Editor's Report

Spreading the Word About ‘Paul, Apostle of Christ’


The Catholic New York staff is very familiar with the Archbishop Fulton J. Sheen Center for Thought and Culture in Manhattan. This issue, in fact, features a Page 4 story about a conference on civic engagement through a Catholic lens in which more than 250 Catholic high school students from the archdiocese participated.

Over the past couple of years, I have done my share of reporting from the Sheen Center, an initiative the archdiocese sponsors. So, when I received an invitation to attend a special screening of “Paul, Apostle of Christ,” about a month before it was due to open in theaters March 23, I did not hesitate.

I joined other Catholic “influencers” who were invited to view the film just two days after it was completed. Before the screening began, I looked around and saw many people I recognized from the New York Catholic Center and my travels throughout the archdiocese, as well as other Catholic media and a good size group from the Daughters of St. Paul. Since my influence extends about as far as this column does, it’s appropriate that I share my thoughts here.

To start, I want to state that I am a pretty big fan of the Apostle Paul. I am amazed by the scope of his travels on behalf of the fledgling Christian world, the directness and power of his writing, and his amazing life story, which shows that God’s grace is a powerful agent and that true transformation is possible.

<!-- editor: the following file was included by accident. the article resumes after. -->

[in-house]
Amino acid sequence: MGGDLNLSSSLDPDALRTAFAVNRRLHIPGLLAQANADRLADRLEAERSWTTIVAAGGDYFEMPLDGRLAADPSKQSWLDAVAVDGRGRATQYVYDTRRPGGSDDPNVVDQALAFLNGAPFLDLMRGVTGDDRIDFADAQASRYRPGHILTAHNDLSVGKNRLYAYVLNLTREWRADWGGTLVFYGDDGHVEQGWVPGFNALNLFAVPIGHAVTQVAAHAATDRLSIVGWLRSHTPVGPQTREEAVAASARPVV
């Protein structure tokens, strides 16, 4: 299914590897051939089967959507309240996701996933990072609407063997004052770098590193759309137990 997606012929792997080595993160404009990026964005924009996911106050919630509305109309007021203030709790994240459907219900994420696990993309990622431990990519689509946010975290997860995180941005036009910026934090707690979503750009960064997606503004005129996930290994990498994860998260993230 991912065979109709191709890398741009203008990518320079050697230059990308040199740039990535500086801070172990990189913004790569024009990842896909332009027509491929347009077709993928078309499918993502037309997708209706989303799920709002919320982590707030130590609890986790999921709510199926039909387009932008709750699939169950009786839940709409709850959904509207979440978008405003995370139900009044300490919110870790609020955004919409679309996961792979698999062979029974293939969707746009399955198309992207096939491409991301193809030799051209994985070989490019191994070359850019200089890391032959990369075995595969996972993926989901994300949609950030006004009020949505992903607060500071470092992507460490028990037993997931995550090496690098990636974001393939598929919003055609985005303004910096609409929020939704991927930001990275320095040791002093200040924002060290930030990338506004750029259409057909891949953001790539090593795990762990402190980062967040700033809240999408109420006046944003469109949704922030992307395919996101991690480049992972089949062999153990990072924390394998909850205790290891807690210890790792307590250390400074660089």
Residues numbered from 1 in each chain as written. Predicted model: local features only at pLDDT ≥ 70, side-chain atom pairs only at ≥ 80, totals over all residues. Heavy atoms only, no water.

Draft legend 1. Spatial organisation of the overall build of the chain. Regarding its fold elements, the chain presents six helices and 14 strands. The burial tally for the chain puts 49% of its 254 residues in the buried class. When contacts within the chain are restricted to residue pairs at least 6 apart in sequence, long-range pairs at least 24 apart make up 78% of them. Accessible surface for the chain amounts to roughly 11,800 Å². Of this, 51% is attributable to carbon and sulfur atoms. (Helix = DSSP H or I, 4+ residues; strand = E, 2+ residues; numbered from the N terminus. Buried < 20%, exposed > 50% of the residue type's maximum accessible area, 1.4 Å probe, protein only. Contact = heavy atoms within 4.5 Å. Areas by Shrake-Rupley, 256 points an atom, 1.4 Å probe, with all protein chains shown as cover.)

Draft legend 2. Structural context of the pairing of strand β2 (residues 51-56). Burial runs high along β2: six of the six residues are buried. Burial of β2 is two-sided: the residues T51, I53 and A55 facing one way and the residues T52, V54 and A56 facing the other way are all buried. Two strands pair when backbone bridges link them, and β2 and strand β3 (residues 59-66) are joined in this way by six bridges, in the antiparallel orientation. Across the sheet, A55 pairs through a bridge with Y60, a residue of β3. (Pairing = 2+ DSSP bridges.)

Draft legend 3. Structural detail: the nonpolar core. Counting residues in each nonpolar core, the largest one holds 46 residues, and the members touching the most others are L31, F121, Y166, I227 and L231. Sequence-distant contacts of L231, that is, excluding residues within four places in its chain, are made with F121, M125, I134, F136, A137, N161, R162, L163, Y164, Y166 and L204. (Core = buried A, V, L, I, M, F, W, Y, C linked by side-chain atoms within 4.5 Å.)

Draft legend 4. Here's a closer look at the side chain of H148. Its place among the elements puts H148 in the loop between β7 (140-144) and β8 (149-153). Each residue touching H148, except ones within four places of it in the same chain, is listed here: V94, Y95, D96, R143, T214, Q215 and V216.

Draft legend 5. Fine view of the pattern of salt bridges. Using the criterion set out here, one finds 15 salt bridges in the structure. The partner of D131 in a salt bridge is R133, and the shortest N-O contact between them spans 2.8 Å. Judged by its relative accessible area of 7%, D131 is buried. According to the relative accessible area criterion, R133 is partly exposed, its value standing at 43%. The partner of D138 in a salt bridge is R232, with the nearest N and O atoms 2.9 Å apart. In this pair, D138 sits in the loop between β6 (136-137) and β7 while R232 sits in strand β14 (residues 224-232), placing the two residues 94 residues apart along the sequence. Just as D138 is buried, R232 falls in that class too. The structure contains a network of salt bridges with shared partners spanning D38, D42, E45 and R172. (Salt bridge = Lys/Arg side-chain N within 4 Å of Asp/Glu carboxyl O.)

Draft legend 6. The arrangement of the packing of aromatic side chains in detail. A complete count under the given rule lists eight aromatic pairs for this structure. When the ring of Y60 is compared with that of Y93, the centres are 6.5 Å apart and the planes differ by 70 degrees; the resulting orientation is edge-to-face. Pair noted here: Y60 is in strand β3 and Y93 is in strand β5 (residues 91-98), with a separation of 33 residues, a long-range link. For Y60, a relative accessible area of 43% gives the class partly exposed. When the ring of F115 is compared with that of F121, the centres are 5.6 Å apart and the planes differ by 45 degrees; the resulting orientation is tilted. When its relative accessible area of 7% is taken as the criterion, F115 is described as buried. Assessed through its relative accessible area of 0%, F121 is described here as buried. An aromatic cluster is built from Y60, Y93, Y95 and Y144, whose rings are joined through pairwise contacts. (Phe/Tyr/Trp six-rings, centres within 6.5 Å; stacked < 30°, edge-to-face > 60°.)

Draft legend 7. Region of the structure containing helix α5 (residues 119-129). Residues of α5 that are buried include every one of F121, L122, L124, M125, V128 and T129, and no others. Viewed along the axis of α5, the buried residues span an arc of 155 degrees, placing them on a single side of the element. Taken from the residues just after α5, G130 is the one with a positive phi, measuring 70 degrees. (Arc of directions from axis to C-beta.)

The movie, “Paul, Apostle of Christ,” doesn’t tell the saint’s whole story. That would be nearly possible to do. It also doesn’t cherry-pick the best details along the way. It focuses on Paul’s last days, when he was imprisoned in Rome, at the same time Christians in the city were under the siege of the emperor Nero.

British actor James Faulkner portrays Paul, and Jim Caviezel, who gained fame for his portrayal of Jesus in “The Passion of the Christ,” plays St. Luke. Their scenes, in which Paul relates “The Way” of Christianity, are riveting.

Faulkner, who attended the screening, joined writer Andrew Hyatt, executive producer Eric Groth and producer T.J. Berden for an intimate and engaging panel discussion moderated by David DiCerto, the director of program administration at the Sheen Center.

The behind-the-scenes look provided a perfect cap to the evening and illustrated the importance of the Sheen Center, especially for Catholic audiences, as a performance platform and, in a natural way, as a tool of evangelization.

Faulkner, whose credits include the popular PBS series “Downton Abbey” and HBO’s “Game of Thrones,” said he “grasped the significance of the film from the moment I read the script.”

Hyatt, the writer, said, “We were kind of shocked that nobody had tackled it. There’s no theatrical film on Paul, who is arguably the most significant Christian figure outside of Jesus Christ.”

The men talked candidly of their compressed 24-day shooting schedule in Malta, the close bonds of the cast and crew, and their dedication to the film, a joint project of ODB Films, Affirm Films and Sony.

“Paul, Apostle of Christ” is not a little religious picture. It’s a full-length feature film that deserves good word of mouth and, hopefully, a receptive audience. It tackles the theme of Christian persecution, which as we all know, is as contemporary as today’s headlines. The film will leave you thinking and believing. I plan to see it again.


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